Pakistani Police Officer Uses Axe to Hack to Death Man Accused of Blasphemy, Officials Confirm

(Photo: Reuters/Mohsin Raza)Members of the Pakistani Christian community carry wooden crosses and a casket during a demonstration to condemn the death of a Christian couple in a village in Punjab province on Tuesday, in Lahore, November 5, 2014. Police in Pakistan arrested dozens of people on Wednesday after a mob beat a Christian couple to death and burned their bodies for allegedly desecrating a Koran.

A man who was jailed in Pakistan after being accused of making blasphemous remarks about Islam was killed by a police officer Thursday morning when he was chopped to death with an axe, police officials said.

Fifty-five-year-old, Tufail Haider, who is of Shi'ite Muslim faith, was arrested late Wednesday night, in the town of Gujrat in the Punjab province, after people overheard him making blasphemous remarks about the companions of the Prophet Muhammed. The group of people proceeded to attack Haider, and once they beat him down, they turned him over to authorities.

According to a fellow police officer, the same officer that brought Haider into the precinct and booked him, Faraz Naveed, was the same officer responsible for Haider's murder just a few hours later at 5 a.m.

"Officer Faraz Naveed brought him to the police station and sent him to lock-up. Haider did not stop using nasty words about Sahaba (the companions) despite warnings from various officials," police officer Khurram Shehzad said. "At around 5 a.m., Naveed could not control his emotions. He went into his cell, brought an axe, entered the lock up and hit Haider's throat several times."

Officer Neveed has been arrested and officials say his legal process has begun.

(Photo: Twitter)Christian couple Sheathed, 35, (R) and Shamah Masih (L), 31, were killed for allegedly desecrating the Quran in Pakistan, November 2014.

The Haider's murder comes just two days after a Christian couple was burned alive by a mob of angry Muslims on Tuesday for allegedly desecrating pages from the Koran. Pakistani police have arrested 50 villagers in the town of Kot Radha Kishan, as the couple's killing was supposedly a community effort to make an example of the couple by burning them inside of a brick kiln.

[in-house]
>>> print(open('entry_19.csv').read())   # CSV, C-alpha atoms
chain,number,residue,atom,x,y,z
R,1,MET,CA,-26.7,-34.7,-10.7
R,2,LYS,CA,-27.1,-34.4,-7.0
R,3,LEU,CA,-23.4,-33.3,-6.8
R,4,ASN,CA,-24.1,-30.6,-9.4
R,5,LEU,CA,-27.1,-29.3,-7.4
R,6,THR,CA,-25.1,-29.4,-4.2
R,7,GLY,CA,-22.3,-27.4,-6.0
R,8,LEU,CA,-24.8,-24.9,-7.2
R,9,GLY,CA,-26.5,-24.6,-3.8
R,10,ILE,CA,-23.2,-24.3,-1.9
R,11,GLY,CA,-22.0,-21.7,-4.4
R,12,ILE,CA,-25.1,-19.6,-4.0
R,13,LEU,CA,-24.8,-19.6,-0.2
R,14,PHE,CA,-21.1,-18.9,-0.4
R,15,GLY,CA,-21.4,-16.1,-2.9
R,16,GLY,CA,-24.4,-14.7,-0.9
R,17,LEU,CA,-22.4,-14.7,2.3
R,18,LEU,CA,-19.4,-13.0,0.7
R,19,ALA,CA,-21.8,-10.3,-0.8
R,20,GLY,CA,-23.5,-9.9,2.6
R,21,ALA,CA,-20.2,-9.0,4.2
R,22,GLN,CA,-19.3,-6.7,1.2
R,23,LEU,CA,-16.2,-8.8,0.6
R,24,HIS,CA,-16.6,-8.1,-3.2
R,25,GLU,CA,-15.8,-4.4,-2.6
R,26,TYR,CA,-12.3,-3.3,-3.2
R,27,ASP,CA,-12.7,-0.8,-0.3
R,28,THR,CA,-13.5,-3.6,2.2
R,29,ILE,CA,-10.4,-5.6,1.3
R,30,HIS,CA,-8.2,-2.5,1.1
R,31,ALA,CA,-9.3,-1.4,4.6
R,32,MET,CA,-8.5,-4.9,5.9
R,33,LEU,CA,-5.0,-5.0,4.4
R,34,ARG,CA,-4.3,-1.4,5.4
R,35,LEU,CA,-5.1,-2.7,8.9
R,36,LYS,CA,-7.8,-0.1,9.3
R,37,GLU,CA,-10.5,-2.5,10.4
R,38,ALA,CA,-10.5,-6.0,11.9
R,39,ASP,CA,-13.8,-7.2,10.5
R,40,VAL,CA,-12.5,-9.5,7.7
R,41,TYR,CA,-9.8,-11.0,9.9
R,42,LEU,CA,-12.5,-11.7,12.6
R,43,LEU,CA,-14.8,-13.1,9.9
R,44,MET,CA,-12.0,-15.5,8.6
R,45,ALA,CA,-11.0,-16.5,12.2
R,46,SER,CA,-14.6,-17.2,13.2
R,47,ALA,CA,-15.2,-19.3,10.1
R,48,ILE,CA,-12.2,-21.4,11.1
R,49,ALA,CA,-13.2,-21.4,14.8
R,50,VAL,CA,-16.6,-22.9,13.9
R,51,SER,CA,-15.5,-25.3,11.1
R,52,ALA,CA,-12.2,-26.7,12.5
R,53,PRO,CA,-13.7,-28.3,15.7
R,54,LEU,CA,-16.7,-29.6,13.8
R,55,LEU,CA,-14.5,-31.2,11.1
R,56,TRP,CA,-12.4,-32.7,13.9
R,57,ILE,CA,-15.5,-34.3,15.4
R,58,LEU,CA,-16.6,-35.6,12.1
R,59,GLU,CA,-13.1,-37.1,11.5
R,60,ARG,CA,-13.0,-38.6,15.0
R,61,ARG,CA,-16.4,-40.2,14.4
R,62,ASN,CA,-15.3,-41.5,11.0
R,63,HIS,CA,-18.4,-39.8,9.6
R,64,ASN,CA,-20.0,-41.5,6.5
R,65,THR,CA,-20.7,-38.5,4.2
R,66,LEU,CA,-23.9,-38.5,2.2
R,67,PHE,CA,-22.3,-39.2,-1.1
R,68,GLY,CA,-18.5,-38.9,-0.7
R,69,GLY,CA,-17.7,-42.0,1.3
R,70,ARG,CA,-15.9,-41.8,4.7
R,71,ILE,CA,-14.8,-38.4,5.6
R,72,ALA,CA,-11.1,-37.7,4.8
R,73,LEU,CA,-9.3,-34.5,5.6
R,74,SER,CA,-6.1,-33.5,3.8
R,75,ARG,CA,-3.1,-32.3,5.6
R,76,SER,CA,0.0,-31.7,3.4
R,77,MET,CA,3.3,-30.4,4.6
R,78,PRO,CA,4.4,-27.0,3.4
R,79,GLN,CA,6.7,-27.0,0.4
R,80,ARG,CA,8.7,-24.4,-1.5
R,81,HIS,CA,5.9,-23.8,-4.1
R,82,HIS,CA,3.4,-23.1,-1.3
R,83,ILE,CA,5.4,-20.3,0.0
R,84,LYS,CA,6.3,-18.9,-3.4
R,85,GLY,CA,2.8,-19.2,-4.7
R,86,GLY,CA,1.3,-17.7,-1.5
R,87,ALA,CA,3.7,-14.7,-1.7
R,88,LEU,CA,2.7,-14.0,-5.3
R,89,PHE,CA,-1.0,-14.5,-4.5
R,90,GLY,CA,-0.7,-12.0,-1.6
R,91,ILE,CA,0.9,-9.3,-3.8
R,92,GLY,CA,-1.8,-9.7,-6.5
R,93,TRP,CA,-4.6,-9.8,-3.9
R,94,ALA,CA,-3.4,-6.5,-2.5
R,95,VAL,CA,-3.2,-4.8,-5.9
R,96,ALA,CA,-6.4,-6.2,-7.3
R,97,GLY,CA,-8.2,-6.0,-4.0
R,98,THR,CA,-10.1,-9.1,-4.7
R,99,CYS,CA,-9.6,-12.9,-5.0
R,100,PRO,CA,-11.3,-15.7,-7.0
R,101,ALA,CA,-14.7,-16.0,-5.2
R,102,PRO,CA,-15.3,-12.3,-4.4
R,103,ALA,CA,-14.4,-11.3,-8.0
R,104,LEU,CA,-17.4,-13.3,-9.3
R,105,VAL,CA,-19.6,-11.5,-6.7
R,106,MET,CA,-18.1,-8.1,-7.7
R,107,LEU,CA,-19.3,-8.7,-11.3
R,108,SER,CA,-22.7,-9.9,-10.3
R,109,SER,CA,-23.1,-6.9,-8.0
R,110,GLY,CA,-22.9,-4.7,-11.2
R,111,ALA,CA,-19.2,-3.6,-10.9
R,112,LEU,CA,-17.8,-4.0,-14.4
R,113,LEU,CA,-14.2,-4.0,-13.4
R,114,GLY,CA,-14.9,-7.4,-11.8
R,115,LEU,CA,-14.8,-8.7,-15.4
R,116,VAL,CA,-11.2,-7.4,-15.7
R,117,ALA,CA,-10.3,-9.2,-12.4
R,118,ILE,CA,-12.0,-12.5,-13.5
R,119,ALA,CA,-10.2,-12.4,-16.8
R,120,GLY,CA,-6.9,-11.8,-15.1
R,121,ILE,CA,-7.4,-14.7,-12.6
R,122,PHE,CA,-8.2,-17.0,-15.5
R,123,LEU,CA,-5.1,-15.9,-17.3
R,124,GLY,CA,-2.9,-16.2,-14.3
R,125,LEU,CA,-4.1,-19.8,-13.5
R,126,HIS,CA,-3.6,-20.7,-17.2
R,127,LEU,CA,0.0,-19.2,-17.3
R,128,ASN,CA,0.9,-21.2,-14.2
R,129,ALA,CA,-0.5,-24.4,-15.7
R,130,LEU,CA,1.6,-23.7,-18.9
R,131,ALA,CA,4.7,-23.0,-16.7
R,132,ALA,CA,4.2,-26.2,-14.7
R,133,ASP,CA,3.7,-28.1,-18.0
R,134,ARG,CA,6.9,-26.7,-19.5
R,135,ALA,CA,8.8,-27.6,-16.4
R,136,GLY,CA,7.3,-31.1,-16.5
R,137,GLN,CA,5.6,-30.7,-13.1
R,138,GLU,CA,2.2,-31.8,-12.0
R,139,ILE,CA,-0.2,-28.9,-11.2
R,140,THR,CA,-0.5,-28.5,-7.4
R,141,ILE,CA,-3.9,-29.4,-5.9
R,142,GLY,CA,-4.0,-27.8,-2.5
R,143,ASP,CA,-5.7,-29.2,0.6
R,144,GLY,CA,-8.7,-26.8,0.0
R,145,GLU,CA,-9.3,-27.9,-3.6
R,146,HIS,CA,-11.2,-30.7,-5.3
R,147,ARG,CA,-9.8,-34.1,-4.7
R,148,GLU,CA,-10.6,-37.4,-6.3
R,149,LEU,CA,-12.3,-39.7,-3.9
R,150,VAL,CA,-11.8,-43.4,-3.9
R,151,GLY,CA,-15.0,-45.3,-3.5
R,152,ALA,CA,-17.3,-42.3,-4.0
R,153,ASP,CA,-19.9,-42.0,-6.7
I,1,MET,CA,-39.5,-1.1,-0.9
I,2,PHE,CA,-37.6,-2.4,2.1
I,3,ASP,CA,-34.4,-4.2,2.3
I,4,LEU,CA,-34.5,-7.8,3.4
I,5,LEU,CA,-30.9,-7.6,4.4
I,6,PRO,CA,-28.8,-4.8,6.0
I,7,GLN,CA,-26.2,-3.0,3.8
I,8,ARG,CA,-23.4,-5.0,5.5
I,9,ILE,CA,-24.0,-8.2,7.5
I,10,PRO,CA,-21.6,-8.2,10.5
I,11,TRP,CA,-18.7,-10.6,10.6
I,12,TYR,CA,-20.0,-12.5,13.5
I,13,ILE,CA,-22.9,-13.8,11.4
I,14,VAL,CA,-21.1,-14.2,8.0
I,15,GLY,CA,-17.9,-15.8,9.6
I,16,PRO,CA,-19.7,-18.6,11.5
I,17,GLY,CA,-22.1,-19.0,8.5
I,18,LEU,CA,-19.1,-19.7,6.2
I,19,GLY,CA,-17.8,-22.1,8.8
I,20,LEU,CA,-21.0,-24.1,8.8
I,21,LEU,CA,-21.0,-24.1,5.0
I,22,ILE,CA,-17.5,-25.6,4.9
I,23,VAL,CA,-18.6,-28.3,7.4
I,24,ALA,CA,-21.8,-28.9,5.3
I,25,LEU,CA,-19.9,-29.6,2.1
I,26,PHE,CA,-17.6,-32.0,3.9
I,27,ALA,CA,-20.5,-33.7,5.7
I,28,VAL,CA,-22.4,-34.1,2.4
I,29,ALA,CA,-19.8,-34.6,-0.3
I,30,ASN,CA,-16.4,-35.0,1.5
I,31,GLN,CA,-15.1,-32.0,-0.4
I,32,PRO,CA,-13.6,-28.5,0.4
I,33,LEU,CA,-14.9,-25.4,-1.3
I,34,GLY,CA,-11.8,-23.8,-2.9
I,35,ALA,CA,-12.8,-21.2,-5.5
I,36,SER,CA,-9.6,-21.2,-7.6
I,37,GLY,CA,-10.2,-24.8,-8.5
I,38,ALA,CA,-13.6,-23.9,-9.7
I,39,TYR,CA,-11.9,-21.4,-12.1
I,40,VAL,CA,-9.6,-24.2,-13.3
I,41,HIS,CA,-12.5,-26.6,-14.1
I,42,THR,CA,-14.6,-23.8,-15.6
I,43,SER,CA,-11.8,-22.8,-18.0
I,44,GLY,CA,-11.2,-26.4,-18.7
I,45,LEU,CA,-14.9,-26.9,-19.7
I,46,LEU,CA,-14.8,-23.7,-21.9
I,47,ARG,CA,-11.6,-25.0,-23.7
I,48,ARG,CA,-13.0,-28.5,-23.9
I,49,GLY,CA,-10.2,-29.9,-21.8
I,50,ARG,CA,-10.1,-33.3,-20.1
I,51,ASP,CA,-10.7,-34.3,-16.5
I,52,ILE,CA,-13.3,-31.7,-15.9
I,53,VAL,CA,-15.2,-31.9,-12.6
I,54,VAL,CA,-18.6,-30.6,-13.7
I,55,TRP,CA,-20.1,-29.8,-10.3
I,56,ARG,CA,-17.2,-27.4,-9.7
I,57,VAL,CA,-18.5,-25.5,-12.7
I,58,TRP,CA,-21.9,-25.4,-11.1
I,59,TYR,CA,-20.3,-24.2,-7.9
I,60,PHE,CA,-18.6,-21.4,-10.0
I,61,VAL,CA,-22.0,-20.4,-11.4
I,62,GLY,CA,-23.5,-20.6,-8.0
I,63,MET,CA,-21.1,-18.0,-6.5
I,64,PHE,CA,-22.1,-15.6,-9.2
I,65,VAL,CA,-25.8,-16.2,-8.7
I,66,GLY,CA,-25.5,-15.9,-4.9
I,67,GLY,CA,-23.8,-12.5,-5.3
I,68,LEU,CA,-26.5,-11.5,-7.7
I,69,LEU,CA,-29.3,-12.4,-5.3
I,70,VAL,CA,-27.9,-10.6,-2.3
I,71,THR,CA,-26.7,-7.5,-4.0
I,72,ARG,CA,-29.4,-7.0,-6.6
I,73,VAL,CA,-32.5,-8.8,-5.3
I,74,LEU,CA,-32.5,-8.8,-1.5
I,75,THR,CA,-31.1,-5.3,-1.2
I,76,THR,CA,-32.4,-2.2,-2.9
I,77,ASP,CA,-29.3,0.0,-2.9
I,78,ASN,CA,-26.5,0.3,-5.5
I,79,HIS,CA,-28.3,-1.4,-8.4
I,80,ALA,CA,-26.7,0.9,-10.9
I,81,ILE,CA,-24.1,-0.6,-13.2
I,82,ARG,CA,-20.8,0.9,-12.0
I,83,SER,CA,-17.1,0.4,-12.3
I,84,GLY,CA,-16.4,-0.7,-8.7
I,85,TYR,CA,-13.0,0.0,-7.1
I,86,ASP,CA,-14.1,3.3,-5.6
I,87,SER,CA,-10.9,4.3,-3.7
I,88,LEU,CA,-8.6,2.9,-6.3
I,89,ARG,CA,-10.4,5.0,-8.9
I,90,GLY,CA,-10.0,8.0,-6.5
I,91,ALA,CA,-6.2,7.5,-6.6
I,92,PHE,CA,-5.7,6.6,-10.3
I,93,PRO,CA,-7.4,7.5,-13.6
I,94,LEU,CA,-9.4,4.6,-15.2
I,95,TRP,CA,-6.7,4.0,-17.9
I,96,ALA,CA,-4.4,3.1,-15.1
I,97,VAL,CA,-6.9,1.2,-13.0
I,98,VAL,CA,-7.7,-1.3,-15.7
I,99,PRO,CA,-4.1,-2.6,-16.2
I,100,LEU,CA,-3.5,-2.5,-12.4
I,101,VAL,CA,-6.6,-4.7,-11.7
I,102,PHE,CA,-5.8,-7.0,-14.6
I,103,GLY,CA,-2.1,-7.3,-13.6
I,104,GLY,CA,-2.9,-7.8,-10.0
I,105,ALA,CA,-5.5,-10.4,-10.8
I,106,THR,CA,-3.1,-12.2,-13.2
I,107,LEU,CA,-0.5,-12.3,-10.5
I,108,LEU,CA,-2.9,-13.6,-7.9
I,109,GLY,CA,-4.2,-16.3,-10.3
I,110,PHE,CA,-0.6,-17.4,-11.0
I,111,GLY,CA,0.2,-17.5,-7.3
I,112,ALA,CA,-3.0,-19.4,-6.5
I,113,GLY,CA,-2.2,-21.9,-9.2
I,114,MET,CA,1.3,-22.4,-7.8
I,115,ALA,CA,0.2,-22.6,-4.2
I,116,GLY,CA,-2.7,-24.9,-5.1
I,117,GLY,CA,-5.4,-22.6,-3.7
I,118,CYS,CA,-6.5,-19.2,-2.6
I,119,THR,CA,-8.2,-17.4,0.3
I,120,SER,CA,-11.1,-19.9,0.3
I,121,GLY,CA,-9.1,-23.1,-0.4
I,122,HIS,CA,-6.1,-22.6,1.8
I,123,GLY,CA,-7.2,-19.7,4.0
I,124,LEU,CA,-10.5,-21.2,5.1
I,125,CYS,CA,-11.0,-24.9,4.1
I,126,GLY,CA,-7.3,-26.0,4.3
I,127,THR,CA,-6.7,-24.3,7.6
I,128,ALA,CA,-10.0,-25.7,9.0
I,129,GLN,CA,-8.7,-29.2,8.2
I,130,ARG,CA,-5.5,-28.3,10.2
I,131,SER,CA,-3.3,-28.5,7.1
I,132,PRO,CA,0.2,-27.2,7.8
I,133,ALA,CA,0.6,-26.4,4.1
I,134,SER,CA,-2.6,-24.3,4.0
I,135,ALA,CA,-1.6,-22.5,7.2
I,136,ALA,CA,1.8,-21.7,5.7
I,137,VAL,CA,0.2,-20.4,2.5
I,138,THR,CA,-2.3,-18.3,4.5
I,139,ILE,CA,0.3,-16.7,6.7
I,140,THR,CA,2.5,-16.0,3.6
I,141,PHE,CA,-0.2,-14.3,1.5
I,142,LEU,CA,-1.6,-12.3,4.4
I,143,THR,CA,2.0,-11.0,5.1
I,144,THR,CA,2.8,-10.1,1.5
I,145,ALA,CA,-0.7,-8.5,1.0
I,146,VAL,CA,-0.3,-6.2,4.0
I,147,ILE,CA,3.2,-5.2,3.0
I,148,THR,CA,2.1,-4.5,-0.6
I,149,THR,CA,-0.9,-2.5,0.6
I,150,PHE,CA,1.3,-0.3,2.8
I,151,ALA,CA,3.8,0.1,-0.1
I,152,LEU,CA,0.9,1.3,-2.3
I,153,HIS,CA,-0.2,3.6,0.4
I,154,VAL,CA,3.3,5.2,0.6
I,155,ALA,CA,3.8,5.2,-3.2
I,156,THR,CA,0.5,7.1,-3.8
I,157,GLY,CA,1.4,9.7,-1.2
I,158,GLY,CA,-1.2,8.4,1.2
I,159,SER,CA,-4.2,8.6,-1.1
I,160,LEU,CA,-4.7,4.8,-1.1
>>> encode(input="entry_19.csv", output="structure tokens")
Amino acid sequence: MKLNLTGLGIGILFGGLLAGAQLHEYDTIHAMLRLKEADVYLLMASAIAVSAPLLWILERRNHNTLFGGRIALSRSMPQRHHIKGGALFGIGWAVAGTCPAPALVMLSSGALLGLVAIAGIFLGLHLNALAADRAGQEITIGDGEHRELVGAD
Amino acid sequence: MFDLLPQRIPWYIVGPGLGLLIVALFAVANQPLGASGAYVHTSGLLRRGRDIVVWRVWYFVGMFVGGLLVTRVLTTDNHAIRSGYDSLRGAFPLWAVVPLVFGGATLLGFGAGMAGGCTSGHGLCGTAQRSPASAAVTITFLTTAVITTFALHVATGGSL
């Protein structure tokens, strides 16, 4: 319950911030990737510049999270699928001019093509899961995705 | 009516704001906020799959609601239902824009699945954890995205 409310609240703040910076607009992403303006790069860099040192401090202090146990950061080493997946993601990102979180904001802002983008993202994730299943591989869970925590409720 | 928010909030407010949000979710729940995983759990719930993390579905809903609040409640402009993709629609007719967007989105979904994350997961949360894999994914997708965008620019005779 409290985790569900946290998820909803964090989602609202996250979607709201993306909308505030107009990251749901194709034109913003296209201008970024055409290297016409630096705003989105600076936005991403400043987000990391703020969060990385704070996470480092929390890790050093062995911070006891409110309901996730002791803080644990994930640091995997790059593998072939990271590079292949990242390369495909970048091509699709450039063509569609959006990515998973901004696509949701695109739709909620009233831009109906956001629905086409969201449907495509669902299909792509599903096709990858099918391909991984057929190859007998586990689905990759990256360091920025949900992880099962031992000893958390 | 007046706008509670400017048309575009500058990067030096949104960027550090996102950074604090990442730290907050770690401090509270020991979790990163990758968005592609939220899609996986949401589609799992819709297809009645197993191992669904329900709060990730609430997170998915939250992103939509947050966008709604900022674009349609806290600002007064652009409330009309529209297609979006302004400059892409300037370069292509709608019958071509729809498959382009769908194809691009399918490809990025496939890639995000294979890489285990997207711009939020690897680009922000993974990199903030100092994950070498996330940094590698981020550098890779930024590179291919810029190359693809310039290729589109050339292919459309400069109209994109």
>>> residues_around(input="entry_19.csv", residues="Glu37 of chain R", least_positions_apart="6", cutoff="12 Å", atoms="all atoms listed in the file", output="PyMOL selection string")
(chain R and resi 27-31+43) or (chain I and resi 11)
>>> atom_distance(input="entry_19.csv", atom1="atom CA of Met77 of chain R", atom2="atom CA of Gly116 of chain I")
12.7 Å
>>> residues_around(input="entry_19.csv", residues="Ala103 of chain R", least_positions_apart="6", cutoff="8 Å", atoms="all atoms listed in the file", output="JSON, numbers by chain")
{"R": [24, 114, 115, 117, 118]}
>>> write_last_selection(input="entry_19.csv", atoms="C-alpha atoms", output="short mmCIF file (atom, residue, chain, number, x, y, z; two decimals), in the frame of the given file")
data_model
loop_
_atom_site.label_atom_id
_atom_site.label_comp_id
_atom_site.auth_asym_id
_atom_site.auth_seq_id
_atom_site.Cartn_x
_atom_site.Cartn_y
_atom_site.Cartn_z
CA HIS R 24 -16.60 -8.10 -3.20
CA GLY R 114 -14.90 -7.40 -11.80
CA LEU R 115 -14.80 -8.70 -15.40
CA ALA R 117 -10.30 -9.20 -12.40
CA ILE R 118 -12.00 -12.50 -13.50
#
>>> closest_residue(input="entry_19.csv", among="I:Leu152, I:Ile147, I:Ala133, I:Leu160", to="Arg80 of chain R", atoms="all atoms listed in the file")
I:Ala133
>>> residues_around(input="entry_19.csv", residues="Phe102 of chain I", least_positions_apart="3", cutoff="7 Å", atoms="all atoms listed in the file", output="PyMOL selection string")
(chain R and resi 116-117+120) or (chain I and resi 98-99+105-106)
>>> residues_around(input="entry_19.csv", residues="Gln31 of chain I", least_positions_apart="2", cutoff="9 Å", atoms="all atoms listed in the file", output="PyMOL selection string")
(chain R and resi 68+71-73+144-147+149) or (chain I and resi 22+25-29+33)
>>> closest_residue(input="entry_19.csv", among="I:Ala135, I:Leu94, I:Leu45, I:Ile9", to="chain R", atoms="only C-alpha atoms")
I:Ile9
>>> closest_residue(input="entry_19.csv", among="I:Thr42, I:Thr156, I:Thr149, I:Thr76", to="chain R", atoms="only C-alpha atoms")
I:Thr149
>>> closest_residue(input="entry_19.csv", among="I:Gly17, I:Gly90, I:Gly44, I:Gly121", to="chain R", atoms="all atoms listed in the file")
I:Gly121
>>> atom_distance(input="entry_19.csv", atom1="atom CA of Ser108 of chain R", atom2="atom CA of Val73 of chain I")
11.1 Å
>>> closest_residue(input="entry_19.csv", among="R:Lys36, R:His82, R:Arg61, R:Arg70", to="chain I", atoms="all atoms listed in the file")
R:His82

According to the Human Rights Commission of Pakistan, these attacks are not isolated incidents involving the enforcement of the blasphemy law in Pakistan. Hundreds of people have been jailed, minority religious institutions have been burned, and several people killed because of the Pakistani intolerance toward anti-Islamic sentiment.

Pakistan's blasphemy law is among the strictest in the world. Activists say that even an accusation of blasphemy is enough to get somebody jailed or even killed.

Pakistani Christian Asia Bibi, also known as Aasiya Noreen, has been jailed since 2009 after being found guilty of blasphemy by a Pakistani court, although she vehemently denies that she did anything blasphemous.

Bibi's arrest and ensuing death penalty sentence issued in 2010, stems from an argument she had when picking berries with a group of Muslim farmhands. One of the Muslim women was upset that Bibi used the same drinking water as the Muslims. Later, the group of farmhands complained to authorities that she made blasphemous remarks toward Muhammed.

Bibi's imprisonment and death sentence has since brought about heightened international opposition and awareness of Pakistan's law.

Although the Pakistani blasphemy law leads to the atrocious mistreatment of religious minorities, about 97 percent of Pakistan's 180 million citizens are Muslims and many of them are in favor of the law. As Asad Butt of the Human Rights Commission of Pakistan told DW, the trend of religious intolerance is growing in Pakistan and many citizens consider blasphemy an "unpardonable crime."

Butt attributes the rise in Pakistani Islamic extremism in the past decade to the reign of former dictator General Zia-ul-Haq.

"There was no such issue prior to the 1980s, but when Haq came into power he Islamized everything and mixed religion and politics," Butt said.

Karachi-based journalist Mohsin Sayeed told DW that he also notices how widespread the religious fanaticism has become in Pakistan.

"The days are gone when we said it was a small group of religious extremists, xenophobes, hate-mongers and bigots who commit such crimes," Sayeed said. "Now the venom has spread to the whole of Pakistani society."

Support for the blasphemy law is so strong that in 2011 that when the former governor of the Punjab province, Salman Taseer, voiced opposition and concern about the law, he was shot dead by his bodyguard, who shot him 27 times.